Emerging markets will be the most important drivers of new global demand, helping to counterbalance the turmoil of stagnating developed economies. This is the verdict of the latest research from Barclays Wealth, which warns the US economy remains weak, while Japan is fragile and Europe is deteriorating amid dwindling growth forecasts. "In this context, the larger emerging markets are now a relative high point for the global economy," the Barclays Wealth Signpost May 2008 Monthly Update report states.
Emerging markets, most notably consumer goods exporters such as China, will be hit by a US slowdown as American consumers rein in their spending, but will nevertheless continue to grow this year and next. However, they won't be immune to a long-lasting slump or an outright recession, the report says.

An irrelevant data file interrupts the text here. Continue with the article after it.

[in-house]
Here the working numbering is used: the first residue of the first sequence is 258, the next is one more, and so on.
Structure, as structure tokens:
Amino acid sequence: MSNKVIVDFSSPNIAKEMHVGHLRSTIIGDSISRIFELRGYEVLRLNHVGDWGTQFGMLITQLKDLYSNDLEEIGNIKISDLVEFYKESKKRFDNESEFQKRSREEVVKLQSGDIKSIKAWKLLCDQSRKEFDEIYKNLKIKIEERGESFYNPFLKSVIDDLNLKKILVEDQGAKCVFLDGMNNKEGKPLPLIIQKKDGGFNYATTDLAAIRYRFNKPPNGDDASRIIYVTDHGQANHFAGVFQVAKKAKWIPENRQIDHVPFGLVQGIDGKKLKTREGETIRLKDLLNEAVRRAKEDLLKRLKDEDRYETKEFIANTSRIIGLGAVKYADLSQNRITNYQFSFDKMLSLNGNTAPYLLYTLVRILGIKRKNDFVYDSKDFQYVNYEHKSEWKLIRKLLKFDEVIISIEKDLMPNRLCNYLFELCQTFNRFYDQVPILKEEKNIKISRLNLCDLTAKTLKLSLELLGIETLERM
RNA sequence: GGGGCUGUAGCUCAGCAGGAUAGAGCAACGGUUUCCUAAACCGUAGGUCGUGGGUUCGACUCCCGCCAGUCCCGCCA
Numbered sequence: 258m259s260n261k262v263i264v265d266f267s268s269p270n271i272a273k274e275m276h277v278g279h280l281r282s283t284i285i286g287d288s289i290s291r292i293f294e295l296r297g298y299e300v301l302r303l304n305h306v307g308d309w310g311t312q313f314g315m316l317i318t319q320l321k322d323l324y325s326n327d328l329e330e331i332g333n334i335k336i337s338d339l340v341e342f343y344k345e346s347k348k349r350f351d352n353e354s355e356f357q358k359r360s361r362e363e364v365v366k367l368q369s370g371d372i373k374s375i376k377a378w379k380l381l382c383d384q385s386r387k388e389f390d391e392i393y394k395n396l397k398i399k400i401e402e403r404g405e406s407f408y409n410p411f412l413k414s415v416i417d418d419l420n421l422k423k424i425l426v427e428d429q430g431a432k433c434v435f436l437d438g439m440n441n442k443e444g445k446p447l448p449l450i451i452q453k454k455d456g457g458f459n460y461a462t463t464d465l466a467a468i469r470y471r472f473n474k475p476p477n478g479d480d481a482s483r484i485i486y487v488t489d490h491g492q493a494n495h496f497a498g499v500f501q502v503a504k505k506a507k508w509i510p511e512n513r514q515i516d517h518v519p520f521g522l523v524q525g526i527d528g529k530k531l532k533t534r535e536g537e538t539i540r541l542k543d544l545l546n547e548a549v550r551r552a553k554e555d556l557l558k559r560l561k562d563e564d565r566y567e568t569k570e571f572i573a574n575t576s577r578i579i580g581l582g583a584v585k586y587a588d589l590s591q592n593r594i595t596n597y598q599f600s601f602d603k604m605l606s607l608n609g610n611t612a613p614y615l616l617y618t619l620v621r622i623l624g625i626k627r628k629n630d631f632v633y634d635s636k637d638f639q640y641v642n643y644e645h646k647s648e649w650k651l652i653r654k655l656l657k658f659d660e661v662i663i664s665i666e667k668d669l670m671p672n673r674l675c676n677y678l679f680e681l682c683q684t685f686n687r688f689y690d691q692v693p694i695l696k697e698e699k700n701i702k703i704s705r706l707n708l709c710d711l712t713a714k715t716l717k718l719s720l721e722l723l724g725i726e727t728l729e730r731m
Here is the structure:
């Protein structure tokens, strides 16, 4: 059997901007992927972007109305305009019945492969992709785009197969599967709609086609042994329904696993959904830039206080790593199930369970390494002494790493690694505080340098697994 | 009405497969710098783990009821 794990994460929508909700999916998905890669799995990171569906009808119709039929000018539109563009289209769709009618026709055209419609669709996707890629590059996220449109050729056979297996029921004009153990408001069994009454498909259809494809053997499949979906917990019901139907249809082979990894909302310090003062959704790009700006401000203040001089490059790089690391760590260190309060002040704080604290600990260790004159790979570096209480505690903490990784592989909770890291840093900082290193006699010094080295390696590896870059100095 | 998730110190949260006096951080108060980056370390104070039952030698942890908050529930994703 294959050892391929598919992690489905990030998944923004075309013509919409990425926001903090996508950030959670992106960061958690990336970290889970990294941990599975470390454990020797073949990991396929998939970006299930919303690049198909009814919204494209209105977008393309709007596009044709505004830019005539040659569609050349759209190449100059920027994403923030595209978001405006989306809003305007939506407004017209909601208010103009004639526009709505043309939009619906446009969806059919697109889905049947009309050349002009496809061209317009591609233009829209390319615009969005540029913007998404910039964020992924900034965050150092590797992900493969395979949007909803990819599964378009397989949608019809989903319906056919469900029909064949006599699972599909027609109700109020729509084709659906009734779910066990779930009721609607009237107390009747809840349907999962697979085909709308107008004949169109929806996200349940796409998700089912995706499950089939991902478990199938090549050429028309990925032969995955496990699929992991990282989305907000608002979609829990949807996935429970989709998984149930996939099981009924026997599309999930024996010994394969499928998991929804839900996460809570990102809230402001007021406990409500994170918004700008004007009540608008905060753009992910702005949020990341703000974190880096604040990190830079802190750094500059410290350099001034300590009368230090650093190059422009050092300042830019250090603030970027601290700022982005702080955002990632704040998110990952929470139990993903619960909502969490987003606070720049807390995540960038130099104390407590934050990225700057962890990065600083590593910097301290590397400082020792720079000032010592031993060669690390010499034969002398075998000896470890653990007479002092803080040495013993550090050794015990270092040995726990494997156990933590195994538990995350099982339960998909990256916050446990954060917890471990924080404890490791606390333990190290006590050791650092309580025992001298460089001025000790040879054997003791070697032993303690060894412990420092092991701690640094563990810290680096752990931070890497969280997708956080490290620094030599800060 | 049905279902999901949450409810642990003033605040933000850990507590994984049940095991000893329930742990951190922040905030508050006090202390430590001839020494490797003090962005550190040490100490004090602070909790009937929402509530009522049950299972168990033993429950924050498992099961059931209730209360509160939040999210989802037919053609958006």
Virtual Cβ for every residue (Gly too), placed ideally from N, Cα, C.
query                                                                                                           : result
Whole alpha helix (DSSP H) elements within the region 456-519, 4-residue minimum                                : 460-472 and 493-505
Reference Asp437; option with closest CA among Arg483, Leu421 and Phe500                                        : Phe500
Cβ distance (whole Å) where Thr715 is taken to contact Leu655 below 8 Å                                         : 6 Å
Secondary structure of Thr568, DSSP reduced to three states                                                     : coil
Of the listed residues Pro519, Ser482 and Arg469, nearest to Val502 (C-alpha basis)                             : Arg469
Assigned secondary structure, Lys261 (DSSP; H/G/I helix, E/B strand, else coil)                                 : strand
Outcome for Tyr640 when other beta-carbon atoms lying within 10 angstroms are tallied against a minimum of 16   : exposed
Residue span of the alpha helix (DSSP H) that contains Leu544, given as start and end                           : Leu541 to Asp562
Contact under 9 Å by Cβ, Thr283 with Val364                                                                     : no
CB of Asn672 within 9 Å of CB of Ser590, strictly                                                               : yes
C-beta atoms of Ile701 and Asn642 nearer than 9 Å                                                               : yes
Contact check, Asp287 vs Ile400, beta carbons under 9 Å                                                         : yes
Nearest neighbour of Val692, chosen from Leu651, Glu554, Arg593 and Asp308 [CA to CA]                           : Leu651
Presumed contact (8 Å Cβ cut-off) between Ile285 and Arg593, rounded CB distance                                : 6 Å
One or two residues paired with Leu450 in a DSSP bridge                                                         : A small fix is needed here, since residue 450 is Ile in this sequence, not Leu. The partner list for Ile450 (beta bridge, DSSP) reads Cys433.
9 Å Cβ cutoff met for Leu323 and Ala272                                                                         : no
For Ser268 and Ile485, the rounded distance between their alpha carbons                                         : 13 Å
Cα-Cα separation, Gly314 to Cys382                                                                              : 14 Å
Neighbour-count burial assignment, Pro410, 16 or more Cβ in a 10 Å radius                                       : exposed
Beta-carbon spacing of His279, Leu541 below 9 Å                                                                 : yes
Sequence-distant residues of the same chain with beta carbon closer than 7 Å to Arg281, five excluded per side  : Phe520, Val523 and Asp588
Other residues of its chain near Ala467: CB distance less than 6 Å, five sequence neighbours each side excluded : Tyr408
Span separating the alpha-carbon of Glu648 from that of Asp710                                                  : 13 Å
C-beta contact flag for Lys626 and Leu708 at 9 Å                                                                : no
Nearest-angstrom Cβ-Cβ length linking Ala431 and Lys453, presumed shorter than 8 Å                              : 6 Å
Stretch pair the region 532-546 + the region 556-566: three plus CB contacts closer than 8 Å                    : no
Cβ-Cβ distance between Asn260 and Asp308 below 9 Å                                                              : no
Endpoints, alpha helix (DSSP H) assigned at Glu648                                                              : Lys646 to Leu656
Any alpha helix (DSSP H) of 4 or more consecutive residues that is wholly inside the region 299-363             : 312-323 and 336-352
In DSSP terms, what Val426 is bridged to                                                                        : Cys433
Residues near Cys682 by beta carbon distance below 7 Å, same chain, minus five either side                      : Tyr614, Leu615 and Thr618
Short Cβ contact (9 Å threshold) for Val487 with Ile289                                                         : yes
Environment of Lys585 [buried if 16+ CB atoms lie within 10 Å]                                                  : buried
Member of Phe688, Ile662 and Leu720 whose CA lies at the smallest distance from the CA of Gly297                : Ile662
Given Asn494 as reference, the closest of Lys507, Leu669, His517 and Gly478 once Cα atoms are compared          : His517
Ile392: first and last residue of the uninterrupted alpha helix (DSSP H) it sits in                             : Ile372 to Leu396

The hydrocarbon economies of the UAE and other Gulf states are likely to face fewer problems arising from a long-debated US recession, thanks to strong domestic demand and stubbornly high oil prices. More than 90 per cent of new oil demand has come from other emerging economies, so slackening US consumption is unlikely to see oil prices fall dramatically, although most analysts believe the current price spike will soften soon.
This means the biggest danger to emerging markets is not weaker demand from trade partners, but soaring inflation, with annual inflation in the likes of the UAE and Qatar now estimated to have hit double figures.
Higher corporate earnings growth will enable emerging market equities to outperform their more established counterparts, Barclays Wealth report says.
This is an unsurprising conclusion, with the more dynamic, but riskier markets of Continental Asia and Middle East firmly on the radar of international fund managers.